This book has a message that I think is important: that all types of people should be respected at work. It is particularly written with the Lesbian, Gay and Transgender people at its centre. Its message is that all people should be treated fairly and not to do so damages business. Not to treat people well within the business world is to not only that it misses out on a wide variety of talent but it misses out on the spending power of the community as a whole. This message is repeated over and over again. It also has case samples and opinions by those who supress their sexuality at work and the cost to them personally. The author is very hard on himself about the extent to which he supressed his sexuality and the trouble it caused to him, family and most of all his workplace. At the time the author was growing up homosexuality was illegal in Britain and much of the world. Unfortunately this message, in my opinion, did not come out quite as loud as it might have done. I think straight people have all but forgotten the consequences of this illegal, hidden life and some younger people laugh at the very idea of it. Unfortunately some people have forgotten the consequences of intolerance and this is what the book is about. I think the weakness of the book lies in the way it makes the point about changing attitudes in business, there are only so many ways the point can be put before it becomes a bit laboured. A much more fundamental issue is hidden deep in the text and that is the history and attitudes around sexuality. I desperately wanted a more biographical book and more of the person present and more of the people he talked with. Read more ›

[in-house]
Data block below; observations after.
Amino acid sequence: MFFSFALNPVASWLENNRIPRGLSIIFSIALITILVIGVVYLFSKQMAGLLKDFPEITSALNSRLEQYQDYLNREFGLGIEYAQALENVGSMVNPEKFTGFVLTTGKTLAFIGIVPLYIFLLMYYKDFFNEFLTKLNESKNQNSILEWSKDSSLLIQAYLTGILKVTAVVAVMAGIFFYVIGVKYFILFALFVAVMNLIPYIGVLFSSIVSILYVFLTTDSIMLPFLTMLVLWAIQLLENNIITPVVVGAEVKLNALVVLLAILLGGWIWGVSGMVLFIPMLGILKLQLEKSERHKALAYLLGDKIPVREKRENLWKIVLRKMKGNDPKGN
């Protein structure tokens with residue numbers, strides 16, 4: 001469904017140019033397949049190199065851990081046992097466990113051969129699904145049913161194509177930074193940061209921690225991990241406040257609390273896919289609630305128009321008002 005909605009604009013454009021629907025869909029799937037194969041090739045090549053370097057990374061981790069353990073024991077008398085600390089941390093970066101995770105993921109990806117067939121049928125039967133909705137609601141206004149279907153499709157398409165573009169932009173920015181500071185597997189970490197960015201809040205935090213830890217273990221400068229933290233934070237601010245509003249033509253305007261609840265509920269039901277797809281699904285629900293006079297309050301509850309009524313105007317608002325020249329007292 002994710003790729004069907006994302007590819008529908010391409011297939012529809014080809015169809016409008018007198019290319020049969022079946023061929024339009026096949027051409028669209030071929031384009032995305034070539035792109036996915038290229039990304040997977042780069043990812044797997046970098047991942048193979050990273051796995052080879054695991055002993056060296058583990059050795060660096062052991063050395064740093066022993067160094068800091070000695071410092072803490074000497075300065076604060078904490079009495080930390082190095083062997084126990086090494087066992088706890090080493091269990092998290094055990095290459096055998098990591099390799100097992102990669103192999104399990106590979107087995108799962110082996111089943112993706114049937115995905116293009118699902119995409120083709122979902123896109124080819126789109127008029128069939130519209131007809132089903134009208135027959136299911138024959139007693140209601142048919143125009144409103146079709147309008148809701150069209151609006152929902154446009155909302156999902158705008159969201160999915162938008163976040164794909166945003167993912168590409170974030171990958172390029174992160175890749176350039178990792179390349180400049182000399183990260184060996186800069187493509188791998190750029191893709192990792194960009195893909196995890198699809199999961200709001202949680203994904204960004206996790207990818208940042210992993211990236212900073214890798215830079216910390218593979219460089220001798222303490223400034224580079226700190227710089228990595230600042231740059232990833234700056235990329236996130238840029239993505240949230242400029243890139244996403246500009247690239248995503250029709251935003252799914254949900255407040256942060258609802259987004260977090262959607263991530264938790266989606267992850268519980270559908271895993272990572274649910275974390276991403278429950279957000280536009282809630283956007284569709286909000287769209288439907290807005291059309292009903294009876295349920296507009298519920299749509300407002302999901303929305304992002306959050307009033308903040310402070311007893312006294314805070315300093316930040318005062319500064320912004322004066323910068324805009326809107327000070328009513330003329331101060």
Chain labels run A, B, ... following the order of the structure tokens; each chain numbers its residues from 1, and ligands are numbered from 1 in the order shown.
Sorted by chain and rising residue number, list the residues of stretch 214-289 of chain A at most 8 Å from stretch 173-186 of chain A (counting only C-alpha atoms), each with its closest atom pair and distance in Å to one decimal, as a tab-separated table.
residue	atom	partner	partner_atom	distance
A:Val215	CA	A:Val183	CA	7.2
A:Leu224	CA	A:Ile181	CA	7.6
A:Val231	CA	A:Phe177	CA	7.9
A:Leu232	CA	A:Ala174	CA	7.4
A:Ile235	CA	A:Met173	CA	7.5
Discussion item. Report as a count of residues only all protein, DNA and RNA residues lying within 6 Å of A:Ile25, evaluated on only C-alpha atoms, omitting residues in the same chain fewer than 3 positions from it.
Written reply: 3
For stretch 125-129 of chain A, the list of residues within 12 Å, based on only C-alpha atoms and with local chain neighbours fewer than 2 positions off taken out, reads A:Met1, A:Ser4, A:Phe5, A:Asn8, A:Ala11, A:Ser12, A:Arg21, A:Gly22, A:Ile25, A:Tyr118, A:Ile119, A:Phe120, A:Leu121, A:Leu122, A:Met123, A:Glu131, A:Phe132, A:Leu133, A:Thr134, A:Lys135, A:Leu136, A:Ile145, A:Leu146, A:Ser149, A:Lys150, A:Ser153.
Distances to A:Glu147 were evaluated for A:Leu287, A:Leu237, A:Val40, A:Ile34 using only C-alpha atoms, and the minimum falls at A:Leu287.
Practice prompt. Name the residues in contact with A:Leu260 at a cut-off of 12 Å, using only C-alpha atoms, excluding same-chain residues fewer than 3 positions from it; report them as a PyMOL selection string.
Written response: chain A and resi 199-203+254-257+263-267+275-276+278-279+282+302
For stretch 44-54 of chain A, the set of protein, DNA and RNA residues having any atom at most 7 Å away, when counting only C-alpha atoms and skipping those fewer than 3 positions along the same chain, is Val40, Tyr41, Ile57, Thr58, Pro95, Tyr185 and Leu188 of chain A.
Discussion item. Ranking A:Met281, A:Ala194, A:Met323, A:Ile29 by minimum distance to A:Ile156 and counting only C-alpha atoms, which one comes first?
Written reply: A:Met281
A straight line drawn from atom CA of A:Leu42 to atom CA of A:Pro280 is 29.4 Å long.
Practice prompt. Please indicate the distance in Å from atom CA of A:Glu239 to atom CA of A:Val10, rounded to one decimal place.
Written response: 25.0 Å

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2 of 2 people found the following review helpful
5.0 out of 5 stars The Class Closet 19 Jun. 2014
By Amor
Format:Kindle Edition|Verified Purchase
Brought this book after seeing John Browne on morning TV.
Brilliant book and very informative, he has obviously done his home work and got facts and figures together.
Not surprised about the bigotry that comes from those who are not informed and not able to open their minds to something that in their minds does not fit the "Norm"
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2 of 2 people found the following review helpful
3.0 out of 5 stars Thought provoking 9 July 2014
Format:Kindle Edition|Verified Purchase
Very interesting read if slightly repetitive. Some very points are very thought provoking.

I was expecting slightly more detailed case studies and more suggestion on what companies should undertake/implement; but a good read none the less.
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1 of 1 people found the following review helpful
5.0 out of 5 stars An Enlightening Read 27 Jun. 2014
Format:Hardcover|Verified Purchase
An honest and informative account of a difficult subject for many people in senior management positions. Companies need to think about culture as much as they do on profit.
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By moaksey
Format:Kindle Edition|Verified Purchase
A fantastic book to read and full of fascinating, astonishing insights. Living in what I now know to be called a "post gay" bubble, this book was an eye-opener. I was completely ignorant to the struggles so many people still face today. Lord Browne also sets out the rationality of the business case for LGBT inclusion in such a cohesive way that it's hard to ignore. This is clearly a book straight people need to read.